Like many countries in Latin America caught in the euphoric freedom of digital filmmaking and complex socio-political shifts, the independent cinema of Peru, too, has had its moment. In 2009, Claudia Llosa posed with Berlinale’s Golden Bear for The Milk of Sorrow (La teta asustada), and many thought this was only the beginning. In 2015, three Peruvian features were programmed at International Film Festival Rotterdam’s line-up — a cinephile event (as much as an industry-oriented initiative) known for its special interest in film territories on the rise. Among these three titles, Héctor Galvez’s NN captured the Dutch audience just as it overachieved on home turf, and Juan Daniel F. Molero’s Videophilia (and Other Viral Syndromes) earned a Tiger award.
Then, for three years: nada — at least in IFFR’s catalogue. Yet, 2019 seems to mark the return of Peruvian cinema in Rotterdam, if only because of one full-length film. We’re All Sailors (Todos somos marineros) premiered at Festival de Cine de Lima PUCP in 2018, so IFFR curated it for this year’s Voices section. Everything about this feature and its “voice” is unusual, though, from the plot to the hypnotic haze that settles in the senses while watching such a bold debut. The mood of suspended reality reeks from the opening shot onwards: Tolya (Andrey Sladkov), his younger brother Vitya (Ravil Sadreev) and a captain (Igor Kondyakov) are the remaining crew members stranded on a Russian fishing boat, and they can’t handle the necessary paperwork with local authorities. The captain insists on returning home, despite the fact that the ship company is bankrupted, and Tolya considers the idea of starting a new life in Peru with a woman (Julia Thays) he recently met.
As I sit down to talk with We’re All Sailors’ writer-director-producer Miguel Angel Moulet and his cinematographer Camilo Soratti, my first question is about their educational background in Cuba — again, a rather unconventional career path. Moulet tells me that he used to be an accountant but felt tempted by the Humanities, so he started writing. Attending a film screening at Católica’s cultural center one day, he caught a glimpse of an application call for the International Film School of San Antonio de los Baños. The film school’s website was “stuck in time,” or “Cuban style,” as Soratti jokes, and the future filmmaker was afraid he didn’t know much about framing or working with sound. “Send anything you have,” they replied, and he was admitted with his short stories.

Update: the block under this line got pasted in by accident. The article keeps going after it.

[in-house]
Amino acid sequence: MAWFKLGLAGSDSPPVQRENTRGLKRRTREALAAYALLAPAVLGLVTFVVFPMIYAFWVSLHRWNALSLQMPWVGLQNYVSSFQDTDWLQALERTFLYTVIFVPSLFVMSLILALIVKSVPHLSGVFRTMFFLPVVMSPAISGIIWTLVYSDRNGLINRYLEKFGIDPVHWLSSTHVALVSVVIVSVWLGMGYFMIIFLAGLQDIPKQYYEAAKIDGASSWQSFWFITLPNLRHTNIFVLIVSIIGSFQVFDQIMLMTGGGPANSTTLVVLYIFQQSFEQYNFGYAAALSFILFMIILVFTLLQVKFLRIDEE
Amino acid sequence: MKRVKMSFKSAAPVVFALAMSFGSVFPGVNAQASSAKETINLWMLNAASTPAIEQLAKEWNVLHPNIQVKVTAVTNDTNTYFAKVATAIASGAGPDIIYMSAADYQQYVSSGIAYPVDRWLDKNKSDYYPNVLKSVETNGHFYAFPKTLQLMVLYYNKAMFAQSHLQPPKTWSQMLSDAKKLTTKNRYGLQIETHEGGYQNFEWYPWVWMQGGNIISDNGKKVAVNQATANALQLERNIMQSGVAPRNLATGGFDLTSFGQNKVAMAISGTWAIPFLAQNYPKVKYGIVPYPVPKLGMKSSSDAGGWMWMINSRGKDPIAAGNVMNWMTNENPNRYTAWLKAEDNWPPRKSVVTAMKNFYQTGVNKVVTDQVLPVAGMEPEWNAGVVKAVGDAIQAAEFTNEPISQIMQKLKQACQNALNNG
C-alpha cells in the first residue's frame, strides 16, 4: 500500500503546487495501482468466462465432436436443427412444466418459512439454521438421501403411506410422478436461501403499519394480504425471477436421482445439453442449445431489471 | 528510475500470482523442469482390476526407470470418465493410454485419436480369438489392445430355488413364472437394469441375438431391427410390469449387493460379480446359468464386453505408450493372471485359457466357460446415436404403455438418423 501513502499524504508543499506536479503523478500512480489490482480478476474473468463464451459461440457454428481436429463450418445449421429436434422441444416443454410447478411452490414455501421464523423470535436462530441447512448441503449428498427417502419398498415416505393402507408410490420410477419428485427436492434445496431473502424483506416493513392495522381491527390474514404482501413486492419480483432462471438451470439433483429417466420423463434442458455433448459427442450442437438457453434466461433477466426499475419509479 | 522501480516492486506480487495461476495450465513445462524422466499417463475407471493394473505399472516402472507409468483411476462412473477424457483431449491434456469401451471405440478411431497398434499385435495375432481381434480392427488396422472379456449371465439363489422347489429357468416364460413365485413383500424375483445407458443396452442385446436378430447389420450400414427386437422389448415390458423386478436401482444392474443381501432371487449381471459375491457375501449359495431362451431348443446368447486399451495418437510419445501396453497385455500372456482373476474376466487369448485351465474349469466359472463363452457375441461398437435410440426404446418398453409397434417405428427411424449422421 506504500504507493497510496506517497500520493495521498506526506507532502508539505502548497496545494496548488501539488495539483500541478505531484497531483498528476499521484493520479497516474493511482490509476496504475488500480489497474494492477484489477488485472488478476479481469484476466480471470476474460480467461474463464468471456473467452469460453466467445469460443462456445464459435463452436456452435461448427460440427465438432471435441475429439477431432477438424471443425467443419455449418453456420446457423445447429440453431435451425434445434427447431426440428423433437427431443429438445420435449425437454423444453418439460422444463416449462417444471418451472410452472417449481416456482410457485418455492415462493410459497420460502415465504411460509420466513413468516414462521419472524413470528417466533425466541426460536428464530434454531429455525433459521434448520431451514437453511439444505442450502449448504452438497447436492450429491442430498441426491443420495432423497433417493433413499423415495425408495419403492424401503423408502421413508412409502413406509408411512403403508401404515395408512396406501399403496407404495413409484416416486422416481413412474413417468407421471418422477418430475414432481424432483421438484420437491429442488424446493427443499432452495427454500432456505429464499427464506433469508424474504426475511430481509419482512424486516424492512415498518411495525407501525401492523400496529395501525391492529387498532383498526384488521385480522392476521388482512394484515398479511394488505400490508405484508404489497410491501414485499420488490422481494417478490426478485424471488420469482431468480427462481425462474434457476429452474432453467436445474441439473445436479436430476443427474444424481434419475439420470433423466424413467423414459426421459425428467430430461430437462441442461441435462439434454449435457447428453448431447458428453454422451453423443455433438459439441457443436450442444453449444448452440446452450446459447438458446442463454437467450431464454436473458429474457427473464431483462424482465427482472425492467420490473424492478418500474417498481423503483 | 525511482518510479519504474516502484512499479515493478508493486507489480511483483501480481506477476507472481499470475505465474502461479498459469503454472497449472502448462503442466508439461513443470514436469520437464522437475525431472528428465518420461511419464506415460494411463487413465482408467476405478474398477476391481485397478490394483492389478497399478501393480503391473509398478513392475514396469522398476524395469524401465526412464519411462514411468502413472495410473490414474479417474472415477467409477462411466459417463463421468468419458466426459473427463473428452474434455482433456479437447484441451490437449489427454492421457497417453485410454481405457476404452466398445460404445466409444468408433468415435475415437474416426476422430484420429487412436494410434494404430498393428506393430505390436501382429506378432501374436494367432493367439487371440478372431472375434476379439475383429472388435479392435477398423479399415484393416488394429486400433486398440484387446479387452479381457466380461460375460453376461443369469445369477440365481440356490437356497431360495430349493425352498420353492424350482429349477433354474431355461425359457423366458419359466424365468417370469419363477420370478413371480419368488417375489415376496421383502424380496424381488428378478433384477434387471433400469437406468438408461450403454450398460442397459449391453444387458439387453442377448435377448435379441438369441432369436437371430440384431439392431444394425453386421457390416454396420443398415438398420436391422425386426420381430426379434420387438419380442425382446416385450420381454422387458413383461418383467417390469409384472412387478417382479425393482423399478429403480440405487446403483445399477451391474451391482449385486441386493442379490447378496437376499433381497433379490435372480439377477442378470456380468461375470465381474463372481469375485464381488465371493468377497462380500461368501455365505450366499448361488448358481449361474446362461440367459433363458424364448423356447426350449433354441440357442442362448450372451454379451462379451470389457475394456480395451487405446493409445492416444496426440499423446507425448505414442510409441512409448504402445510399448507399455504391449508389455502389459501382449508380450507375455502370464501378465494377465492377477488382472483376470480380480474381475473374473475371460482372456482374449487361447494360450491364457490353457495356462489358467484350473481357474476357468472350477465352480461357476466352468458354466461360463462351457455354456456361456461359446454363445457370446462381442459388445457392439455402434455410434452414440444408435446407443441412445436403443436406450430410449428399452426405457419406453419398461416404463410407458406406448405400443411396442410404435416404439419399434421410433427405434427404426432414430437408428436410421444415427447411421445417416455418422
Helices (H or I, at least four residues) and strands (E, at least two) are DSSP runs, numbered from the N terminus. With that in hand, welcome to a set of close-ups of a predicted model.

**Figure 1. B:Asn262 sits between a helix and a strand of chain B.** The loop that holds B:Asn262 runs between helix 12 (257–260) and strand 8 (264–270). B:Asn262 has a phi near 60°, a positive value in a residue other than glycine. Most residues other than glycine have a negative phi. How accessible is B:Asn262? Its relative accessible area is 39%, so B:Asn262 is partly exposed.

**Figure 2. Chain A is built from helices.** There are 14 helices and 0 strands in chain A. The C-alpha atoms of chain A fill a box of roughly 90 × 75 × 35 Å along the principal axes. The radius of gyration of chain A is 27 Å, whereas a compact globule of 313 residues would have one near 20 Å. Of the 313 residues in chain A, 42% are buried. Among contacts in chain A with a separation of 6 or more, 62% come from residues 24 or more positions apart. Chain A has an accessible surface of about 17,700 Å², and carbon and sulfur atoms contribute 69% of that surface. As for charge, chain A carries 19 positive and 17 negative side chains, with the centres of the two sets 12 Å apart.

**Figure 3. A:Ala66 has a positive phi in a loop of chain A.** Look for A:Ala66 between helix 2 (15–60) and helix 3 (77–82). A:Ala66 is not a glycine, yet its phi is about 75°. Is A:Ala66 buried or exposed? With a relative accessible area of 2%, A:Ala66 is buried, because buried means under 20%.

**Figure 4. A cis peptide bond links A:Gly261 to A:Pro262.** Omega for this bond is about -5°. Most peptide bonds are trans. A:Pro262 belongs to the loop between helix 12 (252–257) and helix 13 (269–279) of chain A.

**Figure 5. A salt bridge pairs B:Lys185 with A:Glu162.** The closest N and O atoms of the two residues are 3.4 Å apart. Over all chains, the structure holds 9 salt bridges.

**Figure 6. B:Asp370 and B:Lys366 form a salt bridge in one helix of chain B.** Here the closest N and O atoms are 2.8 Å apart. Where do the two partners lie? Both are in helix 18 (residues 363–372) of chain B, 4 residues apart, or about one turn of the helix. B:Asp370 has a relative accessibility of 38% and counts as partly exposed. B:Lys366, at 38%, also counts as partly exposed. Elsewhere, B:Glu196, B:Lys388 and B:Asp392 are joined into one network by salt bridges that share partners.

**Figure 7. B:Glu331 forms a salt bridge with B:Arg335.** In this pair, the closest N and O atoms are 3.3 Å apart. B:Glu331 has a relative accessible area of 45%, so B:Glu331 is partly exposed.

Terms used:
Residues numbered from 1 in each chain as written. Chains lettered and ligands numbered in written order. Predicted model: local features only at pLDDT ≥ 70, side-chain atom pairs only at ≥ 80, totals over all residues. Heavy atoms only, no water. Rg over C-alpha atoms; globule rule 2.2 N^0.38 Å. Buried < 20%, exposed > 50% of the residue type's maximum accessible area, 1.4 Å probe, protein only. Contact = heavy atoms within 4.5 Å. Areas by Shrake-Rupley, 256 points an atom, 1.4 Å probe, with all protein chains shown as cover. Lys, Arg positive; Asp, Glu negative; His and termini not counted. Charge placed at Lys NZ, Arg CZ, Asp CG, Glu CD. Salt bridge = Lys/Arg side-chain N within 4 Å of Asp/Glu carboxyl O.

Located only one hour away from Havana, both Moulet and Soratti agree that the school offers “a nurturing environment,” calling it “a really good experience.” Moulet spent three years there, mingling with “kids from all over the world.” There were a lot of visiting professors, particularly filmmakers, including Emir Kusturica, Francis Ford Coppola, Steven Spielberg, Lucrecia Martel and Carlos Reygadas – “you can get really close to these directors, in sandals and shorts, talking about cinema in a really relaxing way.” As Soratti adds smilingly, “everybody goes there, because it’s Cuba, for the revolution.” It is also in San Antonio de los Baños where the two met their future We’re All Sailors co-producers from the Dominican Republic, yet another atypical industry formula for Latin America.
While in the film school, Moulet wrote a script adaptation assignment on The Merchant of Venice. Around that time, he also saw the TV news about some Russian men, far away from home, stuck on their boat due to international bureaucracy and money problems. At first, Moulet intended to set We’re All Sailors in 1994, in order to underline its political nuance, but the main focus ultimately shifted to the ethical aspect. Reflecting on the development period, he shares: “in the beginning, it was very hard.” The process to secure local and international funding was long and exhausting: a scholarship in Montreal, development grants from the Peruvian Ministry of Culture, a script award at Festival Internacional del Nuevo Cine Latinoamericano de La Habana, a Cinéfondation short that could establish him as an emerging filmmaker.
As the budget was slowly taking shape, Moulet scouted for locations and non-actors. Originally intending to set the film in Callao, the principal port of Peru, he then opted for Chimbote, a much smaller place with a welcoming and helpful community. As for the casting calls, they were spread through an Orthodox church and a science center, both frequented by Russian people. “The most important for me was to find people who are willing to make the film,” says the director, “the rest can be worked out.” So, Moulet talked to plenty of people, seeing if anyone would fit the character profiles. The most difficult casting was probably for the boat, “discovered” at the annual San Pedro fiesta in Chimbote. The Dutch vessel cost six million dollars and was owned by a Chinese company, so lending it took a lot of persuasion.